Recent advances in brain imaging have made it possible to study clinical, cognitive, and behavioural abnormalities of caudate vascular lesions. Most of the major studies on caudate vascular lesions followed the introduction and widespread use of CT scanning in the 1970s and early 1980s. There are only a few studies of the vascular lesions, either infarcts or hemorrhages, involving the caudate nucleus. Most studies included caudate lesions involving the neighbouring structures like the putamen, internal capsule, and white-matter (Damasio et al., 1982; Richfield et al., 1987; Alexander et al., 1987; Mehler, 1987; Mendez et al., 1989; Caplan et al., 1990; Cambier et al., 1979; Valenstein & Heilman, 1981; Weisberg, 1984; Stein et al., 1984; Waga et al., 1986; Pozzilli et al., 1987; Pedrazzi et al., 1990). Recently Kumral et al. studied a series of patients with caudate infarcts or hemorrhages involving the head of the caudate nucleus (confirmed by CT and MRI), and discussed the stroke etiologies, clinical profiles, and behavioural abnormalities (Kumral et al., 1999).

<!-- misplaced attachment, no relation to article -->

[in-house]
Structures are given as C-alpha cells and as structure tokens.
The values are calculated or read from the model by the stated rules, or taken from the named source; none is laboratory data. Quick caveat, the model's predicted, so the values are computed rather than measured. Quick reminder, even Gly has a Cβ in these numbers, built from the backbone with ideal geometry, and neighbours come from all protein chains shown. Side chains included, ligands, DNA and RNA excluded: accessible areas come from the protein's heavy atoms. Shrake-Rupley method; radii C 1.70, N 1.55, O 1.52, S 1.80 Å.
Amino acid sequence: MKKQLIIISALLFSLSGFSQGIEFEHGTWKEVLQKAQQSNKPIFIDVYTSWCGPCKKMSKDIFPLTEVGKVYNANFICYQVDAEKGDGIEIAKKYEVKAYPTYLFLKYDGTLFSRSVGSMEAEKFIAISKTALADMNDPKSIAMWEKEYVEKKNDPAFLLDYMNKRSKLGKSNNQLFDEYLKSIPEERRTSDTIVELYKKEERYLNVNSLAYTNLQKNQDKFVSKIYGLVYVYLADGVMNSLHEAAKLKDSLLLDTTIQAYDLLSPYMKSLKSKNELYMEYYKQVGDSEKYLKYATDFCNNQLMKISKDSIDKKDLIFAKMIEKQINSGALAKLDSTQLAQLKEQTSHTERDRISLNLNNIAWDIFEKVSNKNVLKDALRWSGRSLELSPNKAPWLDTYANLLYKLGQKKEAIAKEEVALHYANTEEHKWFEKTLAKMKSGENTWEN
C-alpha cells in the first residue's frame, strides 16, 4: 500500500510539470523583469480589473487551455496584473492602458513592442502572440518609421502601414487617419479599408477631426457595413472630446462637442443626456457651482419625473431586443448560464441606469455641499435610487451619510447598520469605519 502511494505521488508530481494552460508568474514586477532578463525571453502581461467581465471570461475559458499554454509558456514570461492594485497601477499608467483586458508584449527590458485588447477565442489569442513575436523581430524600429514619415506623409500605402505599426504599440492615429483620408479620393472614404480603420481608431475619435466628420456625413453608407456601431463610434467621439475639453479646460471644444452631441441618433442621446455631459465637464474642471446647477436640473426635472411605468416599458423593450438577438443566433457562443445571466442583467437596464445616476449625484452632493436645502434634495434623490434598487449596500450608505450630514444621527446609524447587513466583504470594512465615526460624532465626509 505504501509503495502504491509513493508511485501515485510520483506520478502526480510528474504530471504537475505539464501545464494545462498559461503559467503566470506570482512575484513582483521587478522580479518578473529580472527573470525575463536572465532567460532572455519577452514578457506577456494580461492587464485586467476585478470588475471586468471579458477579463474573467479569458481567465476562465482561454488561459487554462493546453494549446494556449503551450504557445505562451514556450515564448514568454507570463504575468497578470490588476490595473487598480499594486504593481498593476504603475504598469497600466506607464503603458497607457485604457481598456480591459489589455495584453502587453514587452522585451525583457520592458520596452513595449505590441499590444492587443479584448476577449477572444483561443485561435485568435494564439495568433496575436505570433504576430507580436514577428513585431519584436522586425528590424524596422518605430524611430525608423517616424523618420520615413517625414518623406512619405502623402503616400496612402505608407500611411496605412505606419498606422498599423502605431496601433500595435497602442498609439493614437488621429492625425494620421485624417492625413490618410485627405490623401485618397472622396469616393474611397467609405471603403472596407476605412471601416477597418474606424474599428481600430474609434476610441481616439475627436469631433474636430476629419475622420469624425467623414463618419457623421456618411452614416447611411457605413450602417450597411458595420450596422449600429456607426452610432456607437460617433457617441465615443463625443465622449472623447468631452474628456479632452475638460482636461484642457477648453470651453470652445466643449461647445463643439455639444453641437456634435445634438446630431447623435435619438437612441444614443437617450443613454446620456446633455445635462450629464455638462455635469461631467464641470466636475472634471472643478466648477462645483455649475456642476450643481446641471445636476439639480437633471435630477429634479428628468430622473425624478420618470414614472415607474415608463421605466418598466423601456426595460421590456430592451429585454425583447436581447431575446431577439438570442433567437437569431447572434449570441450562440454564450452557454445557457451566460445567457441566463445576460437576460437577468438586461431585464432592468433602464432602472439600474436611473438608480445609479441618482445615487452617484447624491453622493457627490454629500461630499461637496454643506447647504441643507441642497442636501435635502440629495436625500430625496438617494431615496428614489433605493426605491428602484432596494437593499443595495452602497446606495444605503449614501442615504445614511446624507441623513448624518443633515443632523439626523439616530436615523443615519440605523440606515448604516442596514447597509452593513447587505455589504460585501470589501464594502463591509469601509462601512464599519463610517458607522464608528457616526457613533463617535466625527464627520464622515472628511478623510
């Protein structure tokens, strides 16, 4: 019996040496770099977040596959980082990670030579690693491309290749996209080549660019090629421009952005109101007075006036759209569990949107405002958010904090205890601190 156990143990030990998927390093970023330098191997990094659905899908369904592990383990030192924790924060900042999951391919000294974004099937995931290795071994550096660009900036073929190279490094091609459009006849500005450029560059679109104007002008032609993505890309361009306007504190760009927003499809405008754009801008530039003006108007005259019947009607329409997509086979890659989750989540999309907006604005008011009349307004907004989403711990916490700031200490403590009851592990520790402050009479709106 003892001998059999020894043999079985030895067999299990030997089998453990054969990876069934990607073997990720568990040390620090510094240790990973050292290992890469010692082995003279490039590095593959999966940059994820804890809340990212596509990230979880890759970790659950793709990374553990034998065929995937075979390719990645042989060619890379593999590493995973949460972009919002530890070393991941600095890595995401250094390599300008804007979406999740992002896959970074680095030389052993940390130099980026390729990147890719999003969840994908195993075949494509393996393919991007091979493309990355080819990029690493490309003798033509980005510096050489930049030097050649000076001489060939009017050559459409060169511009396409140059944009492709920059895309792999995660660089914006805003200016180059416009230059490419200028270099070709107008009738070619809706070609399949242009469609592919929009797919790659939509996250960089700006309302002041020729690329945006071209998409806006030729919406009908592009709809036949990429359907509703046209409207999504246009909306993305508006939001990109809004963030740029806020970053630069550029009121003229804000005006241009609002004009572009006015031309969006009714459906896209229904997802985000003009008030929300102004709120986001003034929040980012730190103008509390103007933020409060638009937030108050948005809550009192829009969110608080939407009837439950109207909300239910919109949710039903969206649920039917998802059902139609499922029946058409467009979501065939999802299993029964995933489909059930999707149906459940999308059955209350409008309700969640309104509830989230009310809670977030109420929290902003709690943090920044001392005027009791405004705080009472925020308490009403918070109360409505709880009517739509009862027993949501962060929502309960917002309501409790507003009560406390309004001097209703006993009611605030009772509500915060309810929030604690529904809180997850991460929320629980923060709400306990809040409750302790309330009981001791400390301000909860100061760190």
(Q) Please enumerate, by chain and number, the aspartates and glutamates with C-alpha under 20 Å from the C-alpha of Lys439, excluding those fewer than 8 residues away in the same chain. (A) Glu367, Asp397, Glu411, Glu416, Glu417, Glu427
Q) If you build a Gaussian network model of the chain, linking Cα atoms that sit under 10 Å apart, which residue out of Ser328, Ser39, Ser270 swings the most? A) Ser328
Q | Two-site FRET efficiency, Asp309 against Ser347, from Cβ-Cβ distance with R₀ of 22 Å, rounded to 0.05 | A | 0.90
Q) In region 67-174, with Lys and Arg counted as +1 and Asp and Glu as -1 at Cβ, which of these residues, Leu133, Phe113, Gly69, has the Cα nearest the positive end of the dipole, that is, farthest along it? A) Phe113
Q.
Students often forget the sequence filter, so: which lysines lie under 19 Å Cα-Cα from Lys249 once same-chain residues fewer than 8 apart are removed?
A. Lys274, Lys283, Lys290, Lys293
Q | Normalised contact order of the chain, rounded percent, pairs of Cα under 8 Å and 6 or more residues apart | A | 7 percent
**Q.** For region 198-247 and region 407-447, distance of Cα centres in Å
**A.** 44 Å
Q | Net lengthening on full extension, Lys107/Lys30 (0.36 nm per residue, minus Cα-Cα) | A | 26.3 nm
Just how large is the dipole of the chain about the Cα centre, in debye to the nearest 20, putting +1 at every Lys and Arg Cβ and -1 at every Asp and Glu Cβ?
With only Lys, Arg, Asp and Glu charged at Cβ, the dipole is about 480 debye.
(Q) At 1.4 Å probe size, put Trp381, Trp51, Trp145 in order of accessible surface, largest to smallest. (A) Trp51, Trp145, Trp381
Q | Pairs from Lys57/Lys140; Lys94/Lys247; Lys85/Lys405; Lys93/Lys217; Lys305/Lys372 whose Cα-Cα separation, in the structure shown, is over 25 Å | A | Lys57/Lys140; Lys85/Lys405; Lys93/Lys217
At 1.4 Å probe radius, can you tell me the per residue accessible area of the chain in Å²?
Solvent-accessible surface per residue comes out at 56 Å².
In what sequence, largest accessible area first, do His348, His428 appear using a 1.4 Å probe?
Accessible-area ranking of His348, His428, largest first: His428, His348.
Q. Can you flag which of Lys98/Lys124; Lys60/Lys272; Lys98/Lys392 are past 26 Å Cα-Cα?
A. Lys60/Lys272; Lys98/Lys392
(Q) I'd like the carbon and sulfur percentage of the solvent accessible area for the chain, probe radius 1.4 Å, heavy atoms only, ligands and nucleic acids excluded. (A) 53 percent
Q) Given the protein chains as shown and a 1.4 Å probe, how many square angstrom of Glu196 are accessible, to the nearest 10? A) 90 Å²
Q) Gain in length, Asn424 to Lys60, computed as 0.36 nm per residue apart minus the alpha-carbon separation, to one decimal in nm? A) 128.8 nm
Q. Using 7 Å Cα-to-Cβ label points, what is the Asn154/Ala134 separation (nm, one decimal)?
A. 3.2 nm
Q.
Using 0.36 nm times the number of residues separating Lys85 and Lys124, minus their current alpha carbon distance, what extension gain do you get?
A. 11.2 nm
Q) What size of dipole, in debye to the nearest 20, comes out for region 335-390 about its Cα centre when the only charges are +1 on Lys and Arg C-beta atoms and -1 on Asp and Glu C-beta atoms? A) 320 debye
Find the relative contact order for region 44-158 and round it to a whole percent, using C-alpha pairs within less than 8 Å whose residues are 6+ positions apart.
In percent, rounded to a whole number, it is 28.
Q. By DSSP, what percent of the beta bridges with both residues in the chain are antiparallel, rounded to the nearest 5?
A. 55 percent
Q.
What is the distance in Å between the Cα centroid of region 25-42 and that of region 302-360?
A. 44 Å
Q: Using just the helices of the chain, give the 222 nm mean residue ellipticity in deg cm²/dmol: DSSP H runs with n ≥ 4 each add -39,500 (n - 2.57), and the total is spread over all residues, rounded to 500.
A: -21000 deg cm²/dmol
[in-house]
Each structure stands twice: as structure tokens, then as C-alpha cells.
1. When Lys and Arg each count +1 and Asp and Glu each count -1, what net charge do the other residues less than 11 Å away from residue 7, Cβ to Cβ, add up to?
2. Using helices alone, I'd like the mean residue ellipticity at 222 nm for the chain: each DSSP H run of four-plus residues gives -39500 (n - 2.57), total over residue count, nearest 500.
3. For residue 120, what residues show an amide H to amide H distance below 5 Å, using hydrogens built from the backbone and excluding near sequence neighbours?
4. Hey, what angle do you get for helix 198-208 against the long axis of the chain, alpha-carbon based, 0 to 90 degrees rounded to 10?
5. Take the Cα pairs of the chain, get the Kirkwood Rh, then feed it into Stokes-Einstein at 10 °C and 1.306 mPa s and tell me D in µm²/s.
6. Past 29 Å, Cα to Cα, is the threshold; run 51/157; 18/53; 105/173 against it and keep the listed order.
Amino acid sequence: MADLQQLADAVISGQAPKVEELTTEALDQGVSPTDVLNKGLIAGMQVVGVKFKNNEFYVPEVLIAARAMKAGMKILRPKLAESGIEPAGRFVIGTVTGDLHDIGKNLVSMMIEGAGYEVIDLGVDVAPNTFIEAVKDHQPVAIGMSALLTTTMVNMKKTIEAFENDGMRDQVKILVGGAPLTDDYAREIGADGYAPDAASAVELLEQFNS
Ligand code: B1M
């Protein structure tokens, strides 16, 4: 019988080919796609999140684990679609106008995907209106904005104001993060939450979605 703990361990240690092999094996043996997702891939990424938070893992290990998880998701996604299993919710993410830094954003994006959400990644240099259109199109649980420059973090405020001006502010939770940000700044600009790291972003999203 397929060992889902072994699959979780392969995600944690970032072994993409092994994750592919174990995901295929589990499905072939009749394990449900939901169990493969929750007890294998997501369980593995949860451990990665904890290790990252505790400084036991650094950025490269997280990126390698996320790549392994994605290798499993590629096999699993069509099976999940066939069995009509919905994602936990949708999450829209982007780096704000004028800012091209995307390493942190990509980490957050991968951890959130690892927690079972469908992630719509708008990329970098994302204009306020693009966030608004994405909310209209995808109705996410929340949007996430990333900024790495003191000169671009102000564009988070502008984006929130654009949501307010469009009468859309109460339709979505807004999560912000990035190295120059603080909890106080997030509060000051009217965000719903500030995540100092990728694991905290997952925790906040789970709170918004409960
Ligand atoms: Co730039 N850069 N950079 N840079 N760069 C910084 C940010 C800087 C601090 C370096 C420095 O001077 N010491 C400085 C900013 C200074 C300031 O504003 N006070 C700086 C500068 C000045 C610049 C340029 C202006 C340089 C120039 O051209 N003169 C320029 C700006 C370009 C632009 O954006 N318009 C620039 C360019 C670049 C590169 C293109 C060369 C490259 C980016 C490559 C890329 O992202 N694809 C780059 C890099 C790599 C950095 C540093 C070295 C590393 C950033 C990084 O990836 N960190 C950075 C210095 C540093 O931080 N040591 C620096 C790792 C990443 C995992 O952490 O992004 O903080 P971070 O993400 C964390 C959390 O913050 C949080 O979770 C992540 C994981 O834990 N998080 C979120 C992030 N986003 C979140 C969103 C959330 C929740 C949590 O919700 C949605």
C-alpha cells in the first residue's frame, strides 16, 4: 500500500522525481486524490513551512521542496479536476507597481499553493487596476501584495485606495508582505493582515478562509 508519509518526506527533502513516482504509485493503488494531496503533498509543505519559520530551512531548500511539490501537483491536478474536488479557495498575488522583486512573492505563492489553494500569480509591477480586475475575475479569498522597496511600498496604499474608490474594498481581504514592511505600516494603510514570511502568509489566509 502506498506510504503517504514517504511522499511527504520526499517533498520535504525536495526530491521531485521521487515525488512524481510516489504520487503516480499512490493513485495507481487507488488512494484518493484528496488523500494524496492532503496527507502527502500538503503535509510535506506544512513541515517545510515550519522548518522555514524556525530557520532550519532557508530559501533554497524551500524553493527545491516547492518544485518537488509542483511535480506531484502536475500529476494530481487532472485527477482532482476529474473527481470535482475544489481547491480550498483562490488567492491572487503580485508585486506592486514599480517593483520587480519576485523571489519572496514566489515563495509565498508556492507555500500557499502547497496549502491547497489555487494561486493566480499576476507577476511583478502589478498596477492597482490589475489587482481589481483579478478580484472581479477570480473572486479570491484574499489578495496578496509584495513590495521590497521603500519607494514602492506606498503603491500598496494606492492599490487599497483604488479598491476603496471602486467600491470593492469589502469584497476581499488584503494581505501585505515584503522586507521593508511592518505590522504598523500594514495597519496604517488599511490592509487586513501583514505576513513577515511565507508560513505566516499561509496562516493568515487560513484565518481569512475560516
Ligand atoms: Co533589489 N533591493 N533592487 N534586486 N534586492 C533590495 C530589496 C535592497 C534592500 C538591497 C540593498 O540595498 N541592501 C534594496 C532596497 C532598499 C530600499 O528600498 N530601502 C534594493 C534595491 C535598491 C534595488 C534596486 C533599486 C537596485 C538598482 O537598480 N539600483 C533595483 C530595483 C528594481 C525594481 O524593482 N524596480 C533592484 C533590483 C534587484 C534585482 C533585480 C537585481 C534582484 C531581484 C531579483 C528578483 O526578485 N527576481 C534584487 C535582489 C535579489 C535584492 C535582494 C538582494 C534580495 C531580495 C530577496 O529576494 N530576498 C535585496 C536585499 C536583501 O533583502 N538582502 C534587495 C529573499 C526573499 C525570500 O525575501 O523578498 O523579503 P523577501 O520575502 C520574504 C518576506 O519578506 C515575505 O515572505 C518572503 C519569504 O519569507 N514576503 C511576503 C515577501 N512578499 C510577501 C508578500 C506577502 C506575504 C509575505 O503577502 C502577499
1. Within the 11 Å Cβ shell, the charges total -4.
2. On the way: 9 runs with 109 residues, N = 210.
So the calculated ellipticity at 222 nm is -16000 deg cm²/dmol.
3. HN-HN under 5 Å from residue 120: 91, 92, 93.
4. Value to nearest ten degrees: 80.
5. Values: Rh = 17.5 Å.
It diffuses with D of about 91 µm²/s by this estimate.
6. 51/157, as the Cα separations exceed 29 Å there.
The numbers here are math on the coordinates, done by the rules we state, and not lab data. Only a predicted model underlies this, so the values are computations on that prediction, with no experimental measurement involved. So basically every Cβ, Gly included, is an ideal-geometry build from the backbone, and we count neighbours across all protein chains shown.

Anatomy of the caudate nucleus
Functional neuroanatomy: ‘parallel frontal–striatal–thalamic–frontal circuits’
According to Alexander et al.(1986) in the striatum including the caudate nucleus there are at least five parallel functionally segregated circuits that link the basal ganglia with the motor, associative, and limbic cortices. Each circuit is defined by the area of cerebral cortex projecting to specified regions of the striatum, and by the corresponding return thalamo-cortical projection to specified areas of frontal cortex. The circuits remain more or less segregated throughout the basal ganglia and thalamus and there are cross-links between them at various relays therein. Within each circuit, the basal ganglia execute a similar, common function.